In 1998, Bill Weisler was graduating from Arizona State University with a bachelor’s degree in electrical engineering, and employers were fighting over him and offering him good money.
He had quit school, worked for a few years, gotten married and had a child before deciding "to quit the poor life" and complete his degree. He landed his dream job designing satellites for Motorola’s Iridium wireless phone system, and earning a $47,000 salary plus a $3,000 signing bonus.
That time seems so long ago for Weisler, who was laid off from Motorola in early 2001 after surviving several rounds of layoffs. The layoff came just after his wife, Michelle, was hospitalized, and then gave birth prematurely to their third child, daughter Devon.
As the family’s financial struggles continued, their house then burned to the ground in August 2002. The family wasn’t home at the time, but their cat was killed in the fire. Because of insurance, the couple was able to rebuild their home.
But to this day, Bill Weisler has been unable to find work, despite submitting 30 to 50 applications and/or resumes weekly and pushing for interviews.
"When I went back to engineering school in 1995, I did it because I was working as a secretary for the county and I felt that becoming an engineer was a fairly secure environment," he said. "I knew it wasn’t guaranteed . . . but never in my wildest dreams did I ever imagine that I would be unemployed a year and a half and still looking, and doing everything I can to find a job."
In addition to engineering, Bill Weisler has been applying for jobs in the airline industry, as well as in retail and government at the federal, state and local levels.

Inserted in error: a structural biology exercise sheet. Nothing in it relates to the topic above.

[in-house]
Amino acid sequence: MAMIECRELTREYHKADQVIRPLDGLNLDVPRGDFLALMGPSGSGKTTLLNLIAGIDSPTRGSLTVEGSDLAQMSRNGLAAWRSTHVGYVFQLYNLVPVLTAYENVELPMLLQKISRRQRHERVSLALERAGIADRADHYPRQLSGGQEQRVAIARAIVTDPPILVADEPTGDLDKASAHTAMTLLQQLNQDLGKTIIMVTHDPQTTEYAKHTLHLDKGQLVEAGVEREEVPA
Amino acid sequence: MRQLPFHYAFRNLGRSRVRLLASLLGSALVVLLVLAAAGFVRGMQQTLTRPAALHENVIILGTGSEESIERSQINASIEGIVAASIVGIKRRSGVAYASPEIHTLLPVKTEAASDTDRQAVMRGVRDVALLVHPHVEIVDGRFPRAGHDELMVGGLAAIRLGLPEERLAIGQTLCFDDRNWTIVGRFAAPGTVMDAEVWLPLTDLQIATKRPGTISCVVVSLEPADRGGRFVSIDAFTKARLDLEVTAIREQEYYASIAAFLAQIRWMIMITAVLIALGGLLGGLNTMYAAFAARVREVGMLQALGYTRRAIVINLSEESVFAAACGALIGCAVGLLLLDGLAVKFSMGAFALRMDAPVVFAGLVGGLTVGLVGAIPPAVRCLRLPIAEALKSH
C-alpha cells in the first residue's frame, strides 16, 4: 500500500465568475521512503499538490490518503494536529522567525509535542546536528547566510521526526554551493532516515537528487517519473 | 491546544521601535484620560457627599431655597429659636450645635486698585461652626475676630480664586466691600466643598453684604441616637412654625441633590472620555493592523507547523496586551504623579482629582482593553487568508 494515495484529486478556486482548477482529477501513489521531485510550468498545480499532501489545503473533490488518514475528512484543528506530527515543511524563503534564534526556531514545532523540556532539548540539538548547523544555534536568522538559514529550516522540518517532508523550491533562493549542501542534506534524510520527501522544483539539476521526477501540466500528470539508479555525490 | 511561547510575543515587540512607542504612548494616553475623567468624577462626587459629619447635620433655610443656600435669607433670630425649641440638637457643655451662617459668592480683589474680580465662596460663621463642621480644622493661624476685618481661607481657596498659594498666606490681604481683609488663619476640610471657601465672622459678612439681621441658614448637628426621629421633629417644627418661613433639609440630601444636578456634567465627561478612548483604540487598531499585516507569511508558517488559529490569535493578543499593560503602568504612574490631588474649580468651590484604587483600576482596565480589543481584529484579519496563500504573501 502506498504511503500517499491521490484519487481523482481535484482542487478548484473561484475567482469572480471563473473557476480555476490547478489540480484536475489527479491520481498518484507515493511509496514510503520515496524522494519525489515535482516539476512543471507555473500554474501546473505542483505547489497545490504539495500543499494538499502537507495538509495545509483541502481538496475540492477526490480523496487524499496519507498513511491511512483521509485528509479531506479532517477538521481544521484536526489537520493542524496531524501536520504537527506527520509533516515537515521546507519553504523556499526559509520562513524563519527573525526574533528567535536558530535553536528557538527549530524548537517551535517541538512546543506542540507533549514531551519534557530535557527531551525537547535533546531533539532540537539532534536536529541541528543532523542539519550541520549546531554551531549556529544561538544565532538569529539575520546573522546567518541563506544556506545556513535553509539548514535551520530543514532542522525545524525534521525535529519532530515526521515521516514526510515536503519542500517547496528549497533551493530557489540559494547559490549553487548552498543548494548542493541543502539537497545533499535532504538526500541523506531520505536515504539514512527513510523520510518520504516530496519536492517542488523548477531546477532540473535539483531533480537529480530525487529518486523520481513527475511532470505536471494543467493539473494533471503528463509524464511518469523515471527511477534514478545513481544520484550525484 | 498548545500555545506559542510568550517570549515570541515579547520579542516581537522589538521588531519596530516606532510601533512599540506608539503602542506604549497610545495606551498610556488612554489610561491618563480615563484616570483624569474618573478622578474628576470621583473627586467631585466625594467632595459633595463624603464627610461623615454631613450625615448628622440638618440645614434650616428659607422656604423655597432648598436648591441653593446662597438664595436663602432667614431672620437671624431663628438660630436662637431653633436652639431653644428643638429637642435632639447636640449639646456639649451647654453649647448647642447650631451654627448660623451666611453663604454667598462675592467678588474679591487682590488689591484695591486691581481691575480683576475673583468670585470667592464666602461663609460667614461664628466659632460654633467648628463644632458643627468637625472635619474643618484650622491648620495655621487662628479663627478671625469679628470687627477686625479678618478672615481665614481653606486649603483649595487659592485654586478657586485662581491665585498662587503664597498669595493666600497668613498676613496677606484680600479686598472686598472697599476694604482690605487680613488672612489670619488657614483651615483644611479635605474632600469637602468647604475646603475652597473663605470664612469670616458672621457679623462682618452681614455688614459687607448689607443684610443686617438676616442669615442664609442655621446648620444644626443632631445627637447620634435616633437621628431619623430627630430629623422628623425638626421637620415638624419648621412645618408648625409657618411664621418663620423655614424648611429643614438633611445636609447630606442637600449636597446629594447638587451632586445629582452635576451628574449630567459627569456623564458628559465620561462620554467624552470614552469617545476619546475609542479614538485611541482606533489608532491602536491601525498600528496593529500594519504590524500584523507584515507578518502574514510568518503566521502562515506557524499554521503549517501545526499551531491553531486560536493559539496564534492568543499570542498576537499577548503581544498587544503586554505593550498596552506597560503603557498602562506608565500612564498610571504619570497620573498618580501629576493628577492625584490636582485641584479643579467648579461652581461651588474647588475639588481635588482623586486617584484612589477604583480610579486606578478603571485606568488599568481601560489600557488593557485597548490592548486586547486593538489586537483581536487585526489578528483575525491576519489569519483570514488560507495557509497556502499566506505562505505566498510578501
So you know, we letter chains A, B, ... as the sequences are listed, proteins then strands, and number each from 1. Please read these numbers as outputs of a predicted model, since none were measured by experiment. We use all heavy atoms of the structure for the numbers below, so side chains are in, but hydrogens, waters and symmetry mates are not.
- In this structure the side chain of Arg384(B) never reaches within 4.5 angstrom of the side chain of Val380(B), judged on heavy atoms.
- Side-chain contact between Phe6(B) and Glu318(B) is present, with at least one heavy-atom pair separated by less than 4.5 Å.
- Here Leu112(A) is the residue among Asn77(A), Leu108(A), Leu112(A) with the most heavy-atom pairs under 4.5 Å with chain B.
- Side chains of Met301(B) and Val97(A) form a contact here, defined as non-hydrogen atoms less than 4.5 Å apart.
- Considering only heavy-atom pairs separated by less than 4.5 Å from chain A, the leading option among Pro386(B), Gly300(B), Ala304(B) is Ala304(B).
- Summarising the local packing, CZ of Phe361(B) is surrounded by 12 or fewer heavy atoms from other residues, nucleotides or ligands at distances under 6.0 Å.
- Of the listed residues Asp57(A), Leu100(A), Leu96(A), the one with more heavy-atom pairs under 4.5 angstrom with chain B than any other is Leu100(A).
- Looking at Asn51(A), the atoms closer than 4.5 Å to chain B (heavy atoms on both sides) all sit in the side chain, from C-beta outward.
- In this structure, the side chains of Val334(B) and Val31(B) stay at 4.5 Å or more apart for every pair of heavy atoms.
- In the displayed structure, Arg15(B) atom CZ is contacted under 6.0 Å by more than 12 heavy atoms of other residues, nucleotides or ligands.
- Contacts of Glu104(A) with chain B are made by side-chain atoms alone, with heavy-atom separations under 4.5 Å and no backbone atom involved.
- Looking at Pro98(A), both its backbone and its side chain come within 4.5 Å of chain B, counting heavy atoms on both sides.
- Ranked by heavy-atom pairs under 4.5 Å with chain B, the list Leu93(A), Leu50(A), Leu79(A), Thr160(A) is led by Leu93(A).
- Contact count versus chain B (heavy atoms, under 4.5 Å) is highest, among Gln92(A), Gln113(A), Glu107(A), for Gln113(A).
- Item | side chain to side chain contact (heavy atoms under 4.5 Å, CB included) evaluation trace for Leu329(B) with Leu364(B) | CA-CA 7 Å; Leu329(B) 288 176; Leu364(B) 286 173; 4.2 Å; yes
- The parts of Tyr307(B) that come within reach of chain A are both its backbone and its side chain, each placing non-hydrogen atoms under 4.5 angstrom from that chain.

Each day, he checks help wanted ads in the newspaper and on the Internet.
He said most of his former co-w o rke rs at Motorola remain unemployed like him. There are no jobs for engineers out there, he said.
"I know one person in particular, a friend of mine, who has not even had an interview and he is currently driving a school bus for a school district," Bill Weisler said.
The Weislers were doing well before the layoff.
Unlike other engineers earning good salaries, Bill and Michelle Weisler decided to be frugal with their money and didn’t buy a high-dollar home.
But the job did allow certain perks.
For example, when the couple’s second child, Bryce, was born, Michelle Weisler was able to quit her job at America West Airlines and become a full-time mom.
"When all of this started going and he got laid off, after about the first six months or so, it became obvious for me to try and do something," Michelle Weisler said. "I’m back with America West now. With me working, at least there’s some income."
Since losing his job, Bill Weisler went back to school and earned a master’s degree in business.
After trying unsuccessfully month after month to land a job in engineering, he now hoped his master’s in business will make him more attractive to employers in other industries.
"I thought getting my master’s would enhance it and it hasn’t enhanced anything," he said.
Bill Weisler has been able to land odd jobs here and there to bring in a few bucks each month, but those are beginning to evaporate, too.
"Things have gradually been getting tougher and tougher," he said. "A lot of the insurance money that is supposed to be going to replace things (lost in the fire) has been going to pay the mortgage. Just a couple of weeks ago, we were three months behind on our mortgage. But we submitted enough receipts to the insurance company that we got enough money to just catch us up on those three months."
The Weislers have relied on friends and family to help them make ends meet, and so far there’s always been just enough money to continue getting by.
"Right now I’m at the position where I really don’t feel hopeful about much," Bill Weisler said. "Until the next thing comes along to give me a little hope, I just sit back and say well, I look to God to provide and make sure things get taken care of, and luckily things have so far."
Michelle Weisler describes the family’s ongoing crisis as "an interesting experience."
"I can certainly say that I think I’ve aged about 10 years in two years," she said.